Chicago Tribune's Scores

For 5,258 reviews, this publication has graded:
  • 63% higher than the average critic
  • 2% same as the average critic
  • 35% lower than the average critic
On average, this publication grades 2.6 points higher than other critics. (0-100 point scale)
Average Movie review score: 66
Highest review score: 100 Breaking the Waves
Lowest review score: 0 What Goes Up
Score distribution:
5258 movie reviews
  1. Close to perfect example of an expertly designed and executed thriller.
  2. A movie which, like all the best blues, makes good times out of bad times, makes smiles out of hurt, makes tears taste like honey.
  3. This middle portion of the picture becomes dangerously preachy, but just before we and Max are bored, director Miller returns Max to his roots, a screaming chase sequence through a desertlike Australian landscape.
  4. This is an art film in the true sense of the term, engaging the mind, senses and emotions in a way that only movies at their best can do.
    • Chicago Tribune
  5. The movie belongs to the women, for once, and The Conjuring doesn't exploit or mangle the female characters in the usual ways. Farmiga, playing a true believer, makes every spectral sighting and human response matter; Taylor is equally fine, and when she's playing a "hide-and-clap" blindfold game with her girls, she's like a kid herself, about to get the jolt of her life.
  6. It is that rare futuristic thriller: grim in its scenario, yet exhilarating in its technique.
  7. It's one of the most satisfying films of 2015.
  8. A disturbingly frank look at people and relationships in contemporary Los Angeles and a thrilling dramatic showcase for a brilliant cast.
    • 75 Metascore
    • 88 Critic Score
    Tells an inspiring story, unknown or forgotten by many, while bringing the past to life and illuminating issues that persist today.
    • Chicago Tribune
  9. What a bright, entertaining, cleverly updated and utterly satisfying comedy the new Alfie turns out to be.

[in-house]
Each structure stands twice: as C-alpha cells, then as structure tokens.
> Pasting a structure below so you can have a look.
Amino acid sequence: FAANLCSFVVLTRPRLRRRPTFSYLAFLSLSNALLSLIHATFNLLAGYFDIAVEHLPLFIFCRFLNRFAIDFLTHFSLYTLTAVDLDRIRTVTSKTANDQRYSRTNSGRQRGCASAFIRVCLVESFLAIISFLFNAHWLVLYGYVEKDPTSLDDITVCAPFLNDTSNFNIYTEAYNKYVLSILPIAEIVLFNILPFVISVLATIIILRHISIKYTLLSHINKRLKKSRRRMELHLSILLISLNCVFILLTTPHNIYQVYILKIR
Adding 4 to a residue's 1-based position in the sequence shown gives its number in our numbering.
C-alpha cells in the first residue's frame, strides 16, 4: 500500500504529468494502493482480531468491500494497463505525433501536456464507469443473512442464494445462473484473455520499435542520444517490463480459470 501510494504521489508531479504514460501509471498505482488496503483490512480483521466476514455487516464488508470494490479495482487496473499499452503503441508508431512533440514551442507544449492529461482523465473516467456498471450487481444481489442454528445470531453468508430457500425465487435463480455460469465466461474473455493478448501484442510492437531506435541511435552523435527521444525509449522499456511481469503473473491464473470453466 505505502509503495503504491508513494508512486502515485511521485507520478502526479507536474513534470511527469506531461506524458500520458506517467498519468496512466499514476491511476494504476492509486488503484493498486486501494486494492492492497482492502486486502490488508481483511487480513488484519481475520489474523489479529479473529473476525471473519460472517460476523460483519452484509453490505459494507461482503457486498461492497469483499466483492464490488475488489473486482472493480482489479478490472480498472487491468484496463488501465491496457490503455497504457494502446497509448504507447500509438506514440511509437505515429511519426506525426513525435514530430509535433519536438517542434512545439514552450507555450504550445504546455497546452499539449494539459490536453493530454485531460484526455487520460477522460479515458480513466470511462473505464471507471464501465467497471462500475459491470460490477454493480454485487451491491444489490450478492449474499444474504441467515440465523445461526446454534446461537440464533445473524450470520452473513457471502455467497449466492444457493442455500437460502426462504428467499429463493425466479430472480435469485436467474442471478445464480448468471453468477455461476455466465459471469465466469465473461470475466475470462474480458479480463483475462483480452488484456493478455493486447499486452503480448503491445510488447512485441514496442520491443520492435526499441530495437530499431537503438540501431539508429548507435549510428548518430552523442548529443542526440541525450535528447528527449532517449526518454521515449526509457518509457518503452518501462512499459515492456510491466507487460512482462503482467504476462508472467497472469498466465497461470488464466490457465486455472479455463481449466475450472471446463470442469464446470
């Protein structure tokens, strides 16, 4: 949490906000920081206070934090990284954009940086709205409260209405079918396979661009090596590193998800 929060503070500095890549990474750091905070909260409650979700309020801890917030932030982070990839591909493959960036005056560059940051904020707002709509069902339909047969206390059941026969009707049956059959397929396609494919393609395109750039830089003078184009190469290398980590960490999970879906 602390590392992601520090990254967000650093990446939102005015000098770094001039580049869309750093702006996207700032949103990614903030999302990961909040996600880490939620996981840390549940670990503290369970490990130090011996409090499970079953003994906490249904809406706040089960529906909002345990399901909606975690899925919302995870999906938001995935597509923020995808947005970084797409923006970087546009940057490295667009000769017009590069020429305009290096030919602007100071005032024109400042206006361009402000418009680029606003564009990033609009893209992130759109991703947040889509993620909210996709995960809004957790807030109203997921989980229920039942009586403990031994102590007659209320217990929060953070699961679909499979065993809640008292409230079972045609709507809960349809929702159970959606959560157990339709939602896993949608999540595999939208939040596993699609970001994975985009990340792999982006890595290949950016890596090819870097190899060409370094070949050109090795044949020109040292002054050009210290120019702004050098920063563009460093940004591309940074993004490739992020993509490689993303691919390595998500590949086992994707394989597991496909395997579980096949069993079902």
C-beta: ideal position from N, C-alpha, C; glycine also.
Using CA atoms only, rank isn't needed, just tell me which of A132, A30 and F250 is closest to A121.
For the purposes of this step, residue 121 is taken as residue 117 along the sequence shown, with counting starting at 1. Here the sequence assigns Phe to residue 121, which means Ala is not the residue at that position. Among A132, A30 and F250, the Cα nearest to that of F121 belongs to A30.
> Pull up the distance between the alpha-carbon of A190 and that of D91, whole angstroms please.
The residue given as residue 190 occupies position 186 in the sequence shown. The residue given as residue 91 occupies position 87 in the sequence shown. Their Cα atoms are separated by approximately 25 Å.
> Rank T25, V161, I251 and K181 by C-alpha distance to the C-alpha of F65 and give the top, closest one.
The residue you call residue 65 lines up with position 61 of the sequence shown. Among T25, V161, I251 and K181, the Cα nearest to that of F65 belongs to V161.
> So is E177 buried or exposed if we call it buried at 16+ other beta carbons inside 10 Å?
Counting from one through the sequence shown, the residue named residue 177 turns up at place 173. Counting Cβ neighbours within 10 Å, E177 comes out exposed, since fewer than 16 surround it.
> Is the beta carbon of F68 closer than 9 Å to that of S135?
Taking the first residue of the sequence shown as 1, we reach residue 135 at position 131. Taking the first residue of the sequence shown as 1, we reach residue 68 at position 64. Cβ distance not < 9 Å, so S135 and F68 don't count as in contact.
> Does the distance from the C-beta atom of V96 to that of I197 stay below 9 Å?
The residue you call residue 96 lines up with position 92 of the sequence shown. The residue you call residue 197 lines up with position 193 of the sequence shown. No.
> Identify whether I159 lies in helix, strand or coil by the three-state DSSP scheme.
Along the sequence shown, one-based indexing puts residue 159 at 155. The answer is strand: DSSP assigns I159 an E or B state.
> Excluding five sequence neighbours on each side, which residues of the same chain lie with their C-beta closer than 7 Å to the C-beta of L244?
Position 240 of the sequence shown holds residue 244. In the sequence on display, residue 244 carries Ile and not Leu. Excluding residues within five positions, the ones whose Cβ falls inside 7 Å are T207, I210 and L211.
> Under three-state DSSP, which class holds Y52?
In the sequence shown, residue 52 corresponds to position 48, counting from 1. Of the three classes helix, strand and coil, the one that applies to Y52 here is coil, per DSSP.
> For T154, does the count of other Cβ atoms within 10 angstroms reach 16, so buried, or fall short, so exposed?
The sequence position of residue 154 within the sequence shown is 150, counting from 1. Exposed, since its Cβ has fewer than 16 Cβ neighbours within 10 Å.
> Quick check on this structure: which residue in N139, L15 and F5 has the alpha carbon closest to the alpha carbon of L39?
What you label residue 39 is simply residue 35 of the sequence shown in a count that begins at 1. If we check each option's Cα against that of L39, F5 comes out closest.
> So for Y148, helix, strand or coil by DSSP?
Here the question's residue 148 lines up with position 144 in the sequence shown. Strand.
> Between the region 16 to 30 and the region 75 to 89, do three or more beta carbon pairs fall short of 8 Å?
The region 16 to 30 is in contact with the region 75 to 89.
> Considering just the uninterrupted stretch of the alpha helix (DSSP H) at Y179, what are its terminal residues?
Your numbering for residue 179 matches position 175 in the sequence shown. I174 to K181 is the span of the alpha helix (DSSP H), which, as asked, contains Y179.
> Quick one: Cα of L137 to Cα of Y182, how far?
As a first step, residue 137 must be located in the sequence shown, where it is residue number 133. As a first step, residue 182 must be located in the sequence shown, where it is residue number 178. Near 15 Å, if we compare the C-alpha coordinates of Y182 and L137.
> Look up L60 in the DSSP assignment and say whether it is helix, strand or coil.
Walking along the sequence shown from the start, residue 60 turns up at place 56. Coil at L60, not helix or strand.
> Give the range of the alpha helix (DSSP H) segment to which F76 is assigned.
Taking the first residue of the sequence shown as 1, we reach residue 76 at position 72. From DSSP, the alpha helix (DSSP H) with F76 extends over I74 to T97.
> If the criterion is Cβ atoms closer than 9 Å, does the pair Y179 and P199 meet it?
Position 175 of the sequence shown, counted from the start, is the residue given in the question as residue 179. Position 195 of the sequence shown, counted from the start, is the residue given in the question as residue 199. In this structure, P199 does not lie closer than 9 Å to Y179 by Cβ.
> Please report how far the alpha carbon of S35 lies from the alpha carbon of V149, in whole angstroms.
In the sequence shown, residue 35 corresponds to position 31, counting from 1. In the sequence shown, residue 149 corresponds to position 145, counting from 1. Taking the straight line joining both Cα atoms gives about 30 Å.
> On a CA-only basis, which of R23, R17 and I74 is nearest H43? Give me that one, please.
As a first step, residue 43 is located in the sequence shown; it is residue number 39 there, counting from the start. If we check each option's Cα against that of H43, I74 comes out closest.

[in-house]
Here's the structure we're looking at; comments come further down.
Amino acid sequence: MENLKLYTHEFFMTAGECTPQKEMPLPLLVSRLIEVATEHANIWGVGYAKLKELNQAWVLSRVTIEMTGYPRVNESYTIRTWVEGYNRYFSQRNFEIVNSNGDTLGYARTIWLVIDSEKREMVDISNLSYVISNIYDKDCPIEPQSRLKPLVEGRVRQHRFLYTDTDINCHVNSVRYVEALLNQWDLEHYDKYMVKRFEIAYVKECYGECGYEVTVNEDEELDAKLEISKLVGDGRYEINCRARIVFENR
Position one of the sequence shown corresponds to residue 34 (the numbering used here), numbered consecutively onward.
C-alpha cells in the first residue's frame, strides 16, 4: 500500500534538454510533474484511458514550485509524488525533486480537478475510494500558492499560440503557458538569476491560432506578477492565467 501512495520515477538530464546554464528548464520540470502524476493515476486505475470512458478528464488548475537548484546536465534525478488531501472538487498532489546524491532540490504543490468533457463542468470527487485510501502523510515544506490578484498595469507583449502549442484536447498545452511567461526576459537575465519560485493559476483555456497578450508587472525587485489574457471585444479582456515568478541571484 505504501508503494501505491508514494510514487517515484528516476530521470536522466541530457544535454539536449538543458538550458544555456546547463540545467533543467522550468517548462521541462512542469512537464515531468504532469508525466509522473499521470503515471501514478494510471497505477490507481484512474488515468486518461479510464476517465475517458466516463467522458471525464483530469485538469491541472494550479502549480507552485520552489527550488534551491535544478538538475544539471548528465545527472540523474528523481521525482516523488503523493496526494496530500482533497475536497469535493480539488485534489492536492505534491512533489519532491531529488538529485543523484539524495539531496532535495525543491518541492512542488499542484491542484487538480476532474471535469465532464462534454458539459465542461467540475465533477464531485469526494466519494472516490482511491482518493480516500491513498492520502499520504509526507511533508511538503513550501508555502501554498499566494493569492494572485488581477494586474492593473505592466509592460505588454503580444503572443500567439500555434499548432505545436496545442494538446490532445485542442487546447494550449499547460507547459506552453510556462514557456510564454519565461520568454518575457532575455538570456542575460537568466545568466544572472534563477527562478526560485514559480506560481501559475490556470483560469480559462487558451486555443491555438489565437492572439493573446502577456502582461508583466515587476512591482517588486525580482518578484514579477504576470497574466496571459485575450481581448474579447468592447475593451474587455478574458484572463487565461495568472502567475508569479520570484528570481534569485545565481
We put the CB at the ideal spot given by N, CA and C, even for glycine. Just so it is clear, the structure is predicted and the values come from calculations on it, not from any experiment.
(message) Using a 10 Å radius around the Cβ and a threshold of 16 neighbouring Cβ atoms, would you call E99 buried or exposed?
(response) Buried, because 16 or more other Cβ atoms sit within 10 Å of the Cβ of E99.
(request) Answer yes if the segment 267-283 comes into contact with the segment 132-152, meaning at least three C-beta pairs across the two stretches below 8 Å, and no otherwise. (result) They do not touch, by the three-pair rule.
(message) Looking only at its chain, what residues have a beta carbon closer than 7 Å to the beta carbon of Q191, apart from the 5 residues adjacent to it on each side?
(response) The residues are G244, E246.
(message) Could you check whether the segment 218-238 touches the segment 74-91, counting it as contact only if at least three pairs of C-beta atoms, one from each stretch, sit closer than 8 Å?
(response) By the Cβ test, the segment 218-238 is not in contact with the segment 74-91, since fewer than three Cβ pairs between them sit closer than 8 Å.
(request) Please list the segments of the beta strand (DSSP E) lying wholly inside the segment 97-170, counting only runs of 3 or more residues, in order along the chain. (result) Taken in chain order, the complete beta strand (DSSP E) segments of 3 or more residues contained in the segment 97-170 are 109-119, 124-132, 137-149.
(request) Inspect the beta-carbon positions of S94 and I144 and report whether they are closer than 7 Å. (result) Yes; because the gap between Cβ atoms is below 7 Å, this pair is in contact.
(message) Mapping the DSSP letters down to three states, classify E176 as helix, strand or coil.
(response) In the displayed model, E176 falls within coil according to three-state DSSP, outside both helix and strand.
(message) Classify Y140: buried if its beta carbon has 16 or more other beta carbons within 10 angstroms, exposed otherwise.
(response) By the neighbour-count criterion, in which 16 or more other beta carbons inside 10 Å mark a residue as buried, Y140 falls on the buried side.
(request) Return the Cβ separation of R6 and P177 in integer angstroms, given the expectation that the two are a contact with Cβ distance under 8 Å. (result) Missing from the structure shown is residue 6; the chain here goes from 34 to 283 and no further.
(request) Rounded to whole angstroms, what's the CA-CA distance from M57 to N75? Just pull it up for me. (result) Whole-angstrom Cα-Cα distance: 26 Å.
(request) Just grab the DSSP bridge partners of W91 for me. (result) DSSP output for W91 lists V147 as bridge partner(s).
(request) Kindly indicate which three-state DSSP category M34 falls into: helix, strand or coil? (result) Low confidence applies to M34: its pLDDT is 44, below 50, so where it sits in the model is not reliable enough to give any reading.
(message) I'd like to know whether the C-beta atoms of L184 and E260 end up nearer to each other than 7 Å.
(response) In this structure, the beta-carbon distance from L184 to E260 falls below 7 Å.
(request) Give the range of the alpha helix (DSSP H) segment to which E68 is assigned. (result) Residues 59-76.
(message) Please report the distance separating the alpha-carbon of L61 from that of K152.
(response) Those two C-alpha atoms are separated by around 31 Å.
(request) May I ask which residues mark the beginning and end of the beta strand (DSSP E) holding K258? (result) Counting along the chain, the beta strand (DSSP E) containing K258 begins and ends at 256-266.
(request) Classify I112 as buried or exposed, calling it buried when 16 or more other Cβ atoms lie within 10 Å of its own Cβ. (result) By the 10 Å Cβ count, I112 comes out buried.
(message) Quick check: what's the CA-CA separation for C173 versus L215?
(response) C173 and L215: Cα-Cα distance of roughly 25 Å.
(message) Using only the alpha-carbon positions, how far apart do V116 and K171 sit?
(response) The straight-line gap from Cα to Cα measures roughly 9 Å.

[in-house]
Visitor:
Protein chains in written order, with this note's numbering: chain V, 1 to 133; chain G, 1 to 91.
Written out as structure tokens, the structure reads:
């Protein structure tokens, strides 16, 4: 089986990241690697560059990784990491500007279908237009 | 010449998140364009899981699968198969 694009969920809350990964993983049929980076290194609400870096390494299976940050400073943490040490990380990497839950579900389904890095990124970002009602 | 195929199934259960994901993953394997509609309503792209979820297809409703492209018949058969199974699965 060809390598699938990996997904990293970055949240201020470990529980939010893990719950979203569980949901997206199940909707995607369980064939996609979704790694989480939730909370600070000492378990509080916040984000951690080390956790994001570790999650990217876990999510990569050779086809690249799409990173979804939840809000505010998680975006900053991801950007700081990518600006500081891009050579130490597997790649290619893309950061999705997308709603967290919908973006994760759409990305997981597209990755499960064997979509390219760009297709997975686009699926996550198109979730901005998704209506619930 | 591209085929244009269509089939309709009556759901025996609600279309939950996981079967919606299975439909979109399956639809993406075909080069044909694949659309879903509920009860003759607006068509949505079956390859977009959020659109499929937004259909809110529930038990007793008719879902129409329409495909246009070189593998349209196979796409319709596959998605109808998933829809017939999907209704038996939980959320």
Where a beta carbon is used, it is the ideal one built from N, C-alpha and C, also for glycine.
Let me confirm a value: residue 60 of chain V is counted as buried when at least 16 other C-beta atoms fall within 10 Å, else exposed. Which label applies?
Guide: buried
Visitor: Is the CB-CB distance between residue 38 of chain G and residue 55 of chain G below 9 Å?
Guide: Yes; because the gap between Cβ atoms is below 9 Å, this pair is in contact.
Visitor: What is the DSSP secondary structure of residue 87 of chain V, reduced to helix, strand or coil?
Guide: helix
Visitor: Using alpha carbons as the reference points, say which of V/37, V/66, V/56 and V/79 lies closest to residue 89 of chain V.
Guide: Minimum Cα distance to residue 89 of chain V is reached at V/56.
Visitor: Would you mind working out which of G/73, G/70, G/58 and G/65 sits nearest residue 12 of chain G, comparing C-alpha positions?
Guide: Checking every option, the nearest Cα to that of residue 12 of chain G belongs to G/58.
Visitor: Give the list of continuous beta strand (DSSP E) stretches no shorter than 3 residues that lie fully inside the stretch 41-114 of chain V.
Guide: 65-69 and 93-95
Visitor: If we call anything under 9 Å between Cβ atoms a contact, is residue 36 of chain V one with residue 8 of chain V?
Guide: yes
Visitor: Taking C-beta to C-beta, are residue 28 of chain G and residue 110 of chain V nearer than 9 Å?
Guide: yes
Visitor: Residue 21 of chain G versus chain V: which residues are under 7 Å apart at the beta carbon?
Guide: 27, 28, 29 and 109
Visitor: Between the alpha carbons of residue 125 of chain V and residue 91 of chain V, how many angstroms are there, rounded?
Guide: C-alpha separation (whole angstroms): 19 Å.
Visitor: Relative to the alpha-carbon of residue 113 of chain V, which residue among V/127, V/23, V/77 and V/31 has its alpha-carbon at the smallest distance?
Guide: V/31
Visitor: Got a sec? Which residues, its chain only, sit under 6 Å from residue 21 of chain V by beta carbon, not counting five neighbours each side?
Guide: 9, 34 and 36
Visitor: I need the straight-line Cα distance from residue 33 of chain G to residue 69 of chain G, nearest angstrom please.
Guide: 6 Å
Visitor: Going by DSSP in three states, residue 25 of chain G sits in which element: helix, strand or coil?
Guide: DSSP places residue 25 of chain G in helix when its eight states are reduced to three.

10. Sweeney Todd may haunt you in ways you’re not used to with a movie musical. At least not since “Mame.”
  11. The message of this movie could not be any clearer: America is no heaven on earth.
  12. Has the resonance, eloquence and formal rigor of a piece of great literature.
  13. Eighty-four minutes is about right for this style of animation. Even at that trim running time, the silhouette approach won't be for everyone. Ocelot's unity of vision, though, cannot be denied. Your kids, even the preteens, will likely fall headlong into his worlds.
  14. The Wall is no endurance test; rather, it presents the facts of the case, adding an eerie low hum to the soundtrack whenever Gedeck's character edges near her outer limits.
  15. A shocker for devotees of stylish angst and psychological torment. You'll have to watch it with patience and great attention, but it richly rewards that patience.
    • 61 Metascore
    • 88 Critic Score
    Watching Nina's Tragedies, an Israeli film that pocketed 11 of its country's Oscar-equivalents, is a rare but almost perverse experience.
  16. His movie isn't a surgical attack at this problem and that; it's a cluster bomb intended to reap destruction, make a mess and jolt all who see it to react.
  17. Zbanic, who lived through the Bosnian war in Sarajevo, is an unusual talent. Here, she makes us feel the hell her characters once lived through as well as the leftover, stinging pain of today.
  18. Called "Nuovomondo" in its native Italy, it's bittersweet, neither as comic and sentimental as Charlie Chaplin's 1917 great silent comedy "The Immigrant," nor as cynical and epic as Elia Kazan's 1963 "America, America," but close to both.
  19. Talk to Me has a great subject and a great actor working in tandem, reminding audiences that once upon a time media personalities used to fight The Man, not be The Man.
  20. The movie boasts one of those rare twist endings that strikes the right emotional chords, and it deserves credit for laying its bets on a sexy, sympathetic Macy. Sometimes long shots pay off.
  21. It makes the dream of flight itself a vehicle for bittersweet enchantment.
  22. The power of art to redeem the pain and cruelty of life is demonstrated to enormous effect inShakespeare Behind Bars.
  23. The film is not for the frantic of spirit. Its steady rhythm and even-handed tone threaten occasionally to stultify. But little things mean a lot in this universe, as they should.
  24. So well crafted, so original, that each overlapping scene swells with new life and interpretation.
  25. An engaging yarn about a wealthy kid who learns to fight his way out of trouble in a rough Chicago public school. He also learns not to believe in labels placed on people. [19 Dec 1980, p.10]
    • Chicago Tribune
  26. An excellent, unforgettable film.
  27. Funny Games is an intellectual's suspense film, which ultimately tries to critique and demystify violence. But, since our responses are never all cerebral, that's not entirely possible.
  28. Hilarious, inspired, frenzied.
  29. An off-center, lighthearted but perceptive study of people following their dreams in the only way they know how, Life Is Sweet-the title is only somewhat ironic-is a warm and joyful piece, with the tossed-off hilarity smoothly giving way to poignance in its darker final segments.
  30. In Night on Earth, Jarmusch is painting with colors he has never used before. The transformation is thrilling.
  31. A visually sumptuous, bullet-train-paced thriller with a really provocative theme.